Guy Hendrix Dyas 2

Guy Hendrix Dyas 2

I came up through ILM so my background is in CGI. I see the guys in visual effects as my brothers in arms. They’re there to help support the vision. Not everything I design can be realized in the timeframe or in the budget that I have. I rely heavily on visual effects to help finish off the look of the film. I look forward to the day when somebody says we’re going to do a film and you’re going to be in it. That just means more design.

AS: When you design, are you in communication with the VFX supervisor from the beginning?
GHD: Erik Nordby, who was phenomenal on Passengers, came onto the film about halfway into our period here at SONY. Like Rodrigo he was a true professional, very thoughtful, and a big supporter of the vision. He came in and said, I want to make this ship work and look real.

In the huge shopping mall, we build the 350’ of it and had his help topping it up to the 5 levels. It was my good friend Erik who completed our vision and worked tirelessly to match the illustrations. And in some cases improve on them. Hats off to them for finishing off the bits of the set we just physically couldn’t do because we’re not in space! For the exterior of the ship, the design was given to them to implement and apart from two or three airlock sections that I had to build, all of the shots of the ship flying by are attributed to them and their amazing work.

AS: You’ve spent a lot of time thinking about the future in your design. Do you see human civilization eventually expanding into space?
GHD: It’s always that schoolboy dream, isn’t it? Every now and then we make huge leaps in terms of space exploration but it still takes time. Even in designing the exterior of the Passengers spaceship I was very cognizant of the fact it would have been designed and built as sections like the space station, over a period of 60 years. You’ll notice that the core of the ship is designed in an almost traditional NASA style. But as you spread out the ship becomes more futuristic because over sixty years design and technology would be moving forward. And so you see a range of architectural styles and materials on the ship to support that passing of time.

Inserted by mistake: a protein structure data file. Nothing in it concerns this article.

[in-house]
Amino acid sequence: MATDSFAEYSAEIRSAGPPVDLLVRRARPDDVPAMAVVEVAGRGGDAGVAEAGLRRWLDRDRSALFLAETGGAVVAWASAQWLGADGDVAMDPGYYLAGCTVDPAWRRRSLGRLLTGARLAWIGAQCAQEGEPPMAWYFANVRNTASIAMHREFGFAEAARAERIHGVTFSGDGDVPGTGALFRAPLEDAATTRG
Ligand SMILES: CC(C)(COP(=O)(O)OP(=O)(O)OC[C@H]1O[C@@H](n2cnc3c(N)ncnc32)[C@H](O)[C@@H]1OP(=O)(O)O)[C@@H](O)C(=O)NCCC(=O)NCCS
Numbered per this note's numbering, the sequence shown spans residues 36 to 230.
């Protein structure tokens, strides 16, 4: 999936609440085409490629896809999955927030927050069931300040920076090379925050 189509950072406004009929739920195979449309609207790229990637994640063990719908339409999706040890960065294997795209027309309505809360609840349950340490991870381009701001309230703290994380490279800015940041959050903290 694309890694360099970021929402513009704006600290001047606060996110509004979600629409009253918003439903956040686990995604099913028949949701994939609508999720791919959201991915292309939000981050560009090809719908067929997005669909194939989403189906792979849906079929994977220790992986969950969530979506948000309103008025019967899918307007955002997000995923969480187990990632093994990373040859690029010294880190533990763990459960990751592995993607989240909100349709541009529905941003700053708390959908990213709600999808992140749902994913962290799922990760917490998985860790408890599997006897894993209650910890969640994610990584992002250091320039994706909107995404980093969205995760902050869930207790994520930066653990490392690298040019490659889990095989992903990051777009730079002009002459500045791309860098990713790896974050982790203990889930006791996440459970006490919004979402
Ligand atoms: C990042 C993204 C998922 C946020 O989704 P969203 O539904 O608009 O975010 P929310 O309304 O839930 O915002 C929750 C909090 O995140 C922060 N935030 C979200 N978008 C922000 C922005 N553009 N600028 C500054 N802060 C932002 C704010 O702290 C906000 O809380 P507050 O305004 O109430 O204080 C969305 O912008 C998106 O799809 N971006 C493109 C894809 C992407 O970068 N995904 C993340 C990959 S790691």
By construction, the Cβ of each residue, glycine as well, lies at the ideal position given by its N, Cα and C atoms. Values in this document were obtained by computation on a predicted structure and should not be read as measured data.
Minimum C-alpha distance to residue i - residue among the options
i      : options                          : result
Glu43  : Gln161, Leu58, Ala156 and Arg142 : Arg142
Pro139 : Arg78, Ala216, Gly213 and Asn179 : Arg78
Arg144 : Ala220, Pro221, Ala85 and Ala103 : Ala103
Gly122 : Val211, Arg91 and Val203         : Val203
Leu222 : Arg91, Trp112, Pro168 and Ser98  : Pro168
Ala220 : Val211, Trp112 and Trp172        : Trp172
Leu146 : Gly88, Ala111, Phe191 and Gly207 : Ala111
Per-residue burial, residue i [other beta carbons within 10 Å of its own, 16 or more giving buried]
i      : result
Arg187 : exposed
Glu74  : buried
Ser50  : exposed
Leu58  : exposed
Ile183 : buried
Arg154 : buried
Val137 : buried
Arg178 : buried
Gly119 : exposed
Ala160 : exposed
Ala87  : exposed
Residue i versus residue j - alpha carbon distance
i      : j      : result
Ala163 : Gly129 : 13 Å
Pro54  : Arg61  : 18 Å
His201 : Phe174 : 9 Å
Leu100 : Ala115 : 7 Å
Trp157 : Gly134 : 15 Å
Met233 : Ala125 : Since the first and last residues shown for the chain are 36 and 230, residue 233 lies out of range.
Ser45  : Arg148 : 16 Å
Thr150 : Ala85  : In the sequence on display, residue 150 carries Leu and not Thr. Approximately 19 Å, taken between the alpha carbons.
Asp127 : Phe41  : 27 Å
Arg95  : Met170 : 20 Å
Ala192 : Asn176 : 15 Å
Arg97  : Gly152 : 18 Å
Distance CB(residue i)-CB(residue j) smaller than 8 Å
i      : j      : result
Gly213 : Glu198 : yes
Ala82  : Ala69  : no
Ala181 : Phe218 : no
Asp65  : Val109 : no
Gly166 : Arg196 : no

AS: Any advice for young people going into the field of production design?
GHD: There’s no trickery to becoming a designer. I was very lucky in that I just love what I do. And I spend hours and hours working and designing, whether it be weekends or holidays, because that’s what I believe I’m here on the Earth to do. I’ve found my calling. When you find your calling you never actually see it as work. You make yourself very available because you’re excited. If you do a good job eventually somebody’s going to say you should be designing. In my case I was found and given the opportunity by Bryan Singer, the great director of the X-Men series and The Usual Suspects. He picked me out of nowhere to design his initial TV show, Battlestar Gallactica. The show didn’t happen for me, although ironically they did use all my designs. And won an Emmy with it! But we went on to do X-Men 2 together as a wonderful consolation prize. So that was my first film. I’ve always considered myself very, very lucky.

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About the Interviewer

Tom Lisowski is a production designer who has designed swamp mazes shot in China, crumbling cliffs in Utah, future arenas in South Central, dilapidated tenements and twisted laboratories under luxurious mansions... William Anthony is a Los Angeles-based commercial and editorial photographer specializing in portraiture, lifestyle and documentary imagery... Guest photographer Nelson Cragg is an award-winning cinematographer who shoots and directs television, feature films, and commercial projects. Contact ArtStars: tom@artstars.us